• Report the unsafe work condition to your supervisor
  • Your supervisor must immediately investigate and ensure that any unsafe condition is remedied without delay
  • Your supervisor must inform you if they consider the reported unsafe condition to be safe.
  • If you still believe the work is unsafe and decline to carry out the work assigned please contact your PEA Labour Relations Officer to move this process forward.

Further information on this process can be found here:

PEA Office Closure Extended

The PEA’s Victoria office will remain closed until at least March 29. Staff will continue to work from home and will remain available to our members via email and phone. You can find PEA staff contact information on our website at

Thank you,

Melissa Moroz
Labour Relations Officer

In this section

The PEA was formed in 1974, by a group of professionals working in the public sector. The story goes that the founders of the union mortgaged their houses to fund negotiations of the union’s first collective agreement. 

Now, the PEA is BC’s union for professionals. We represent a wide range of professionals including lawyers, foresters, engineers, agrologists, teachers, veterinarians, fundraisers, physiotherapists, pharmacists, psychologists program managers, librarians and more.

Our union is led by the PEA Executive. They represent members from across the chapters of the PEA and set the overall vision and direction for our union.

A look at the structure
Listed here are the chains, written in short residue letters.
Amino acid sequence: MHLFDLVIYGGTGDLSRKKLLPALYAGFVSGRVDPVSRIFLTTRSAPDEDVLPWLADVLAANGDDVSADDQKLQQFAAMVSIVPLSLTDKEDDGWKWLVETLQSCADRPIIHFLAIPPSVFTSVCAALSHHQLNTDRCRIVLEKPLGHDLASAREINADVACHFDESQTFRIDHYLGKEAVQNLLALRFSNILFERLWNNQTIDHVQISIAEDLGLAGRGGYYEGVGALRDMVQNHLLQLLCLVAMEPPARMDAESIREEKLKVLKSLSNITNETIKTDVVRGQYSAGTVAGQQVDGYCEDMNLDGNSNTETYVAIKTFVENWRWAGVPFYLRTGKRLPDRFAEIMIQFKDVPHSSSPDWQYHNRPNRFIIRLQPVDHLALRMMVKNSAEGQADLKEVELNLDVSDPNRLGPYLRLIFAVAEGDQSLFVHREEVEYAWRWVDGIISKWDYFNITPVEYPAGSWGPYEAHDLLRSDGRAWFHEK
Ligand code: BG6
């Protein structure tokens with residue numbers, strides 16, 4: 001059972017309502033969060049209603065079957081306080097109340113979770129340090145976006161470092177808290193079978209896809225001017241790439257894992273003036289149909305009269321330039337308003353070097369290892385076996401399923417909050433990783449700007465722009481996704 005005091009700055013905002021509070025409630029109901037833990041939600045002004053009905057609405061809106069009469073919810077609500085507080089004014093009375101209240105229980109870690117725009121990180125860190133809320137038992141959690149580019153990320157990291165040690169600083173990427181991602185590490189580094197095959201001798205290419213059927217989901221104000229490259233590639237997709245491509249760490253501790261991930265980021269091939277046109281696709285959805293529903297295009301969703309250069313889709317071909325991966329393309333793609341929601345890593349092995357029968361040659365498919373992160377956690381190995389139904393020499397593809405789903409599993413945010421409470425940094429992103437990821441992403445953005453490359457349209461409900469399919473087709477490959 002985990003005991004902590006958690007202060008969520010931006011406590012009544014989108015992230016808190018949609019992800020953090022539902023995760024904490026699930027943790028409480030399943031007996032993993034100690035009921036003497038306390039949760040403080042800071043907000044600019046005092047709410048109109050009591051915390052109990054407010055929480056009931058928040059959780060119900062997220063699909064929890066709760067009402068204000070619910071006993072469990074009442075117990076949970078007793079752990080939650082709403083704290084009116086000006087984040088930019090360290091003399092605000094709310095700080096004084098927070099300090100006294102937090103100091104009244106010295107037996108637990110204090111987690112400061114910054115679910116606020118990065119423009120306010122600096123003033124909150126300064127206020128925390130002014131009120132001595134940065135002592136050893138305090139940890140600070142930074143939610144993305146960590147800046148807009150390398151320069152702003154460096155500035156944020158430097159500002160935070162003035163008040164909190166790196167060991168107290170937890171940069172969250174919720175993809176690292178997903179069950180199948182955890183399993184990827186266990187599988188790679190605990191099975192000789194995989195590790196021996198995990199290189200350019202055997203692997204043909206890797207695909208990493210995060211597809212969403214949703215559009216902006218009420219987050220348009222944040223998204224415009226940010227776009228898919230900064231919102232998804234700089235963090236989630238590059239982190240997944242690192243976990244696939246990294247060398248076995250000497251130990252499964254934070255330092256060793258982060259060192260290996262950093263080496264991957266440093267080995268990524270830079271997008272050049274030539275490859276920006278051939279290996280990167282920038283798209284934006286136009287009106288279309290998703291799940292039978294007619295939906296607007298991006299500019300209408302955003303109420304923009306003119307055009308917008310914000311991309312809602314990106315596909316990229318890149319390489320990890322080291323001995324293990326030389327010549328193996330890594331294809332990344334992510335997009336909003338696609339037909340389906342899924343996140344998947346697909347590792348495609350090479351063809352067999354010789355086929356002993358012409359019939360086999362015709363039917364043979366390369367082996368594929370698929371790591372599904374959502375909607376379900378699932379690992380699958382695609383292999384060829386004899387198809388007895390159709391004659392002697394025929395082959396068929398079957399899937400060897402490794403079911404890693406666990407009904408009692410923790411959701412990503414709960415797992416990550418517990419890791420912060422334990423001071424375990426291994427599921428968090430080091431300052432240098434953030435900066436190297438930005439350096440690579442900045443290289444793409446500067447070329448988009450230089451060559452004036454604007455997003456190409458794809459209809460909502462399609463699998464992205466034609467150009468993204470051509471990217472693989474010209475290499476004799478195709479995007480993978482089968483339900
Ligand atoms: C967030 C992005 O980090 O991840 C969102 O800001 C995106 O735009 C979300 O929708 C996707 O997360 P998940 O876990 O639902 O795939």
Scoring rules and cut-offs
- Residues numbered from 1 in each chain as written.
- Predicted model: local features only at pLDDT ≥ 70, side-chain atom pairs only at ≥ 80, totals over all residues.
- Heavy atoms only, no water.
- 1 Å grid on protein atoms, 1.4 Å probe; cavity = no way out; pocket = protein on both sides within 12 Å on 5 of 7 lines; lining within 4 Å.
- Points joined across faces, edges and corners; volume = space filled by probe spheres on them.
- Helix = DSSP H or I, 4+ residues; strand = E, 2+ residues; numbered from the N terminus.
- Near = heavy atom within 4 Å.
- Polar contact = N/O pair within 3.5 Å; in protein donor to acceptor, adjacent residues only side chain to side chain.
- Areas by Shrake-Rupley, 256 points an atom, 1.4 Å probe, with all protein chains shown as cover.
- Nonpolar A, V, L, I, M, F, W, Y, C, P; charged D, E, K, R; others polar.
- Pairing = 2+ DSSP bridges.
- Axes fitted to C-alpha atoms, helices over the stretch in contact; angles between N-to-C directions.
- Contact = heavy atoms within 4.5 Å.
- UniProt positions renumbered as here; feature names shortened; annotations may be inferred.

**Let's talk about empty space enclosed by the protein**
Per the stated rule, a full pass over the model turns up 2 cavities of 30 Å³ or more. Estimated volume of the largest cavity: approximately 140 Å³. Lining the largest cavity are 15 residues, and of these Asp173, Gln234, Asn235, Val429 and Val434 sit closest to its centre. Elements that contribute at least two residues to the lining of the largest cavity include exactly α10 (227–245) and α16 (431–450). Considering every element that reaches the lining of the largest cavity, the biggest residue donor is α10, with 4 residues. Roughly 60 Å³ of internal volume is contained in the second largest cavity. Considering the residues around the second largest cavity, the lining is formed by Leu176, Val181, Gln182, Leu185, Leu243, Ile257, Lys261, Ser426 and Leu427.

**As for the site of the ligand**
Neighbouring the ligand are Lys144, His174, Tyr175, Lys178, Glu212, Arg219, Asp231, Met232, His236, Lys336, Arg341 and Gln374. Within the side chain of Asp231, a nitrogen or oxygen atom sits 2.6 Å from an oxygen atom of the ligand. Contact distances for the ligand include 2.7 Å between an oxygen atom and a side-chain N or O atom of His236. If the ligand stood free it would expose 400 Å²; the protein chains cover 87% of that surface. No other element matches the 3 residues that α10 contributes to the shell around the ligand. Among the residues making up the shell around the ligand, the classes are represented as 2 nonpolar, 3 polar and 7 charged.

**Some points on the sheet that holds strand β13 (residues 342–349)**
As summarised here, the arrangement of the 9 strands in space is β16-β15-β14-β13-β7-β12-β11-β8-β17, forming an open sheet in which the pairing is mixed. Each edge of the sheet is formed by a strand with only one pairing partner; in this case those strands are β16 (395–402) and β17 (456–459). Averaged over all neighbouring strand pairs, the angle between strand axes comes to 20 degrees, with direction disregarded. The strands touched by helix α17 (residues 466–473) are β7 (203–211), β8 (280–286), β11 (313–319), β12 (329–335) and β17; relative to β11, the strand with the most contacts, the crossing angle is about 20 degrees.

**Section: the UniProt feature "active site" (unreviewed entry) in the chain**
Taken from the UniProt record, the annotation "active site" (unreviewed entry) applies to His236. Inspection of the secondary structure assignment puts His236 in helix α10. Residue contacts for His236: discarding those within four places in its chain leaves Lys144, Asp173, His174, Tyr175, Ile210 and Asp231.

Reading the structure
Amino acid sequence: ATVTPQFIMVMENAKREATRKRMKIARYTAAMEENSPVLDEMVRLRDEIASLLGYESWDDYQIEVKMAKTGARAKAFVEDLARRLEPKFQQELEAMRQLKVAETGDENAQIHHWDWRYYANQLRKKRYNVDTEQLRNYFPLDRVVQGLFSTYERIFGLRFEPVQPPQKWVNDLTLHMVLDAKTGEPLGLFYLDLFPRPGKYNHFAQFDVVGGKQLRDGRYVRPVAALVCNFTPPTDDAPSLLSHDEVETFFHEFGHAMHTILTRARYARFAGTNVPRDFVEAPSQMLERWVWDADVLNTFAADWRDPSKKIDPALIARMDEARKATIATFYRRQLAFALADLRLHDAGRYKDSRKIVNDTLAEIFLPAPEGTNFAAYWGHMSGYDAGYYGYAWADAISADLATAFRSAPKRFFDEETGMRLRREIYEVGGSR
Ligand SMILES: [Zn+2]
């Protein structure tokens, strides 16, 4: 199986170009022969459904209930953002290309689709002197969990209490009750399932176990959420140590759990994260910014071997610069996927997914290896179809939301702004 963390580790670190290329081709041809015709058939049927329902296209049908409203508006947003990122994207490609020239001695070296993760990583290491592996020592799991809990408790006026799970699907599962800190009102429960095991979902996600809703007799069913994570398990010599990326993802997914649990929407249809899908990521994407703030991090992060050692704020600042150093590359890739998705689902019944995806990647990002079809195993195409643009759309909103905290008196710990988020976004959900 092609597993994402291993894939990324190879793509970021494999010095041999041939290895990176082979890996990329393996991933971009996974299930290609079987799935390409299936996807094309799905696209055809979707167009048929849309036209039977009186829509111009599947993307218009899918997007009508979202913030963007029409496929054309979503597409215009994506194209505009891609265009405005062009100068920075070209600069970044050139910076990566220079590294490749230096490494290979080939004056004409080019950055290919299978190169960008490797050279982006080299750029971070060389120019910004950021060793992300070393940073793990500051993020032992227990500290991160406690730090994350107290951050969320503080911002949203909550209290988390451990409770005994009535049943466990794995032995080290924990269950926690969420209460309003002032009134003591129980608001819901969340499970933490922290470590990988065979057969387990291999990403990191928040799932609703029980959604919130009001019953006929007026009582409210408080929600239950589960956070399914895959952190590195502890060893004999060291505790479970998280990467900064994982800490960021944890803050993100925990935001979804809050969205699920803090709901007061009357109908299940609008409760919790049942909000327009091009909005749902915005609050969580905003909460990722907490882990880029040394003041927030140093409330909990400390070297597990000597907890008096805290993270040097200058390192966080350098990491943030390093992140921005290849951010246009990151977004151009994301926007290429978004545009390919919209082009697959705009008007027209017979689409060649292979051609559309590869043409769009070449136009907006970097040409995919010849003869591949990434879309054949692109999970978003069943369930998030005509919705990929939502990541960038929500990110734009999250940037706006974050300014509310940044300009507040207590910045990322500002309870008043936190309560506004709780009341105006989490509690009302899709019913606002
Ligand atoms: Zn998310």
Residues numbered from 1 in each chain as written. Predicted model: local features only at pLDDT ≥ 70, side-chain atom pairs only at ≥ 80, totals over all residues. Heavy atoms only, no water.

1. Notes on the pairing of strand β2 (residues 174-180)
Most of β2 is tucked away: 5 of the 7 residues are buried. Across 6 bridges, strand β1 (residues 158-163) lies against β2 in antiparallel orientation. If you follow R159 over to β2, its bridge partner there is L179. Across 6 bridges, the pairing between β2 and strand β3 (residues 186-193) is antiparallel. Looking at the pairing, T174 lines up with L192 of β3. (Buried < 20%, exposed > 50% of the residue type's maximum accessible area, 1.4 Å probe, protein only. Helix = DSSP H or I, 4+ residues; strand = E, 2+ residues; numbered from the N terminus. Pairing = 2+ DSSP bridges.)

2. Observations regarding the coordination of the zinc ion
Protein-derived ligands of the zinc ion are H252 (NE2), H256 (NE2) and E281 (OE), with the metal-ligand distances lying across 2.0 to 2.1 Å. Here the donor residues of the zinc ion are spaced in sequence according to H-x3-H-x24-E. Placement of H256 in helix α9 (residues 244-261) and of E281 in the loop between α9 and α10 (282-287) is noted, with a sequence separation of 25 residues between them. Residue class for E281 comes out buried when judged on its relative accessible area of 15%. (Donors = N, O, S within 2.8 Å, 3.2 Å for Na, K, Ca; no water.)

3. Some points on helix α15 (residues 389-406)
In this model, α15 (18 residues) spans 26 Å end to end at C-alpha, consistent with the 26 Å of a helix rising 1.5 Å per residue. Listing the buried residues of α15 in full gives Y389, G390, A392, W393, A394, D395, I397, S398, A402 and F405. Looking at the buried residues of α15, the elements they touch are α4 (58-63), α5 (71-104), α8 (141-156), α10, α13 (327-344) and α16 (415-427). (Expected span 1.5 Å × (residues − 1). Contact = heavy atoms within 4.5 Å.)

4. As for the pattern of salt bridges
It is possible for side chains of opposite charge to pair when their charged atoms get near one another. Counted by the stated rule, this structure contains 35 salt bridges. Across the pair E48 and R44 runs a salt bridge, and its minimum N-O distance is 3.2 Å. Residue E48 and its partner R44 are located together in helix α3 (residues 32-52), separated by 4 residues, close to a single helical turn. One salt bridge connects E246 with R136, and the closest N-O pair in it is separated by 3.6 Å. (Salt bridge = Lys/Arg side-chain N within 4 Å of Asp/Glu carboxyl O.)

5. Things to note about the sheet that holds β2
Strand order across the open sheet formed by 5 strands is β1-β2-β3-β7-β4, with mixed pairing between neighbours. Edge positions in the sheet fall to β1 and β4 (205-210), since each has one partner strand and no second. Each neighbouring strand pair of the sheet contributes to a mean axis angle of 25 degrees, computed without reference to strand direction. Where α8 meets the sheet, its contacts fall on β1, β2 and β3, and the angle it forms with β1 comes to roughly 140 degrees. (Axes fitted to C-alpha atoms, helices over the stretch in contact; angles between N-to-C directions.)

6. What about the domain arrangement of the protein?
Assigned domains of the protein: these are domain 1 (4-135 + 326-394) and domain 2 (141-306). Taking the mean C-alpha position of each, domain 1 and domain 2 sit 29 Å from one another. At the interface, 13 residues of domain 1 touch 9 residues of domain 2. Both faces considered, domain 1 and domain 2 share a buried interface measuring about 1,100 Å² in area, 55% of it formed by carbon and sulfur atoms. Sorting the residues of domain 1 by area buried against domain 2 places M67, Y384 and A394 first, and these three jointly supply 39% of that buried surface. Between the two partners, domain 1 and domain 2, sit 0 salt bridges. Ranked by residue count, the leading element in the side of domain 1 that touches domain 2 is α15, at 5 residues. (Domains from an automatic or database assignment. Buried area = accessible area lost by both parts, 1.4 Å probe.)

Resources for our members

Navigating a union can sometime be a challenging process. Under this section of the website you will find resources to help you navigate the PEA. In the members section you'll find expense claim reimbursements, information on the PEA's scholarship and bursary program and our grants and donations program.

Collective bargaining and job action resources explain the process of collective bargaining and what to do in the unlikely event of job action. 

Local reps can also find resources to help them complete their job more effectively. This includes ways to welcome new members, how to take notes in investigation disciplinary meetings and more.

The heart of our union

The PEA is made up of nine chapters, or groups of members who either work for the same employer or are in the same field of work. Each chapter has an elected executive tasked with running the affairs of the chapter. Each chapter is entitled to representation at the PEA Executive, the governing body of the union. 

Our members work for a range of employers: the Province of BC, the University of Victoria, St. Margaret's School, the Family Maintenance Enforcement Program, the Oil and Gas Commission, the Law Society of BC, Legal Services Society, the Okangan Regional Library and health authorities across BC.

Professionals need unions now more then ever

Since the 1970’s, when the PEA was formed, our mission has been to ensure our members can work in safe, productive environments and receive fair and reasonable wages and benefits for the valuable work they do. We help individuals and groups of professional workers to understand the challenges they face in their workplaces and some of the solutions available to them. 

We work with potential members to become certified as a union and achieve the wages, benefits and respect they deserve. 

The Professional | Volume 47 Issue 1

The Professional is the PEA's award-winning, quarterly magazine for members.

The May to June 2021 issue includes a look into what it's like to work within UVic's Theatre Department.

Read the latest issue



The PEA was formed in 1974 to represent licensed professionals in the BC Public Service. Since then the organization has grown to include a wide range of professionals from across BC. Find our more about our governance, staff and strategic direction.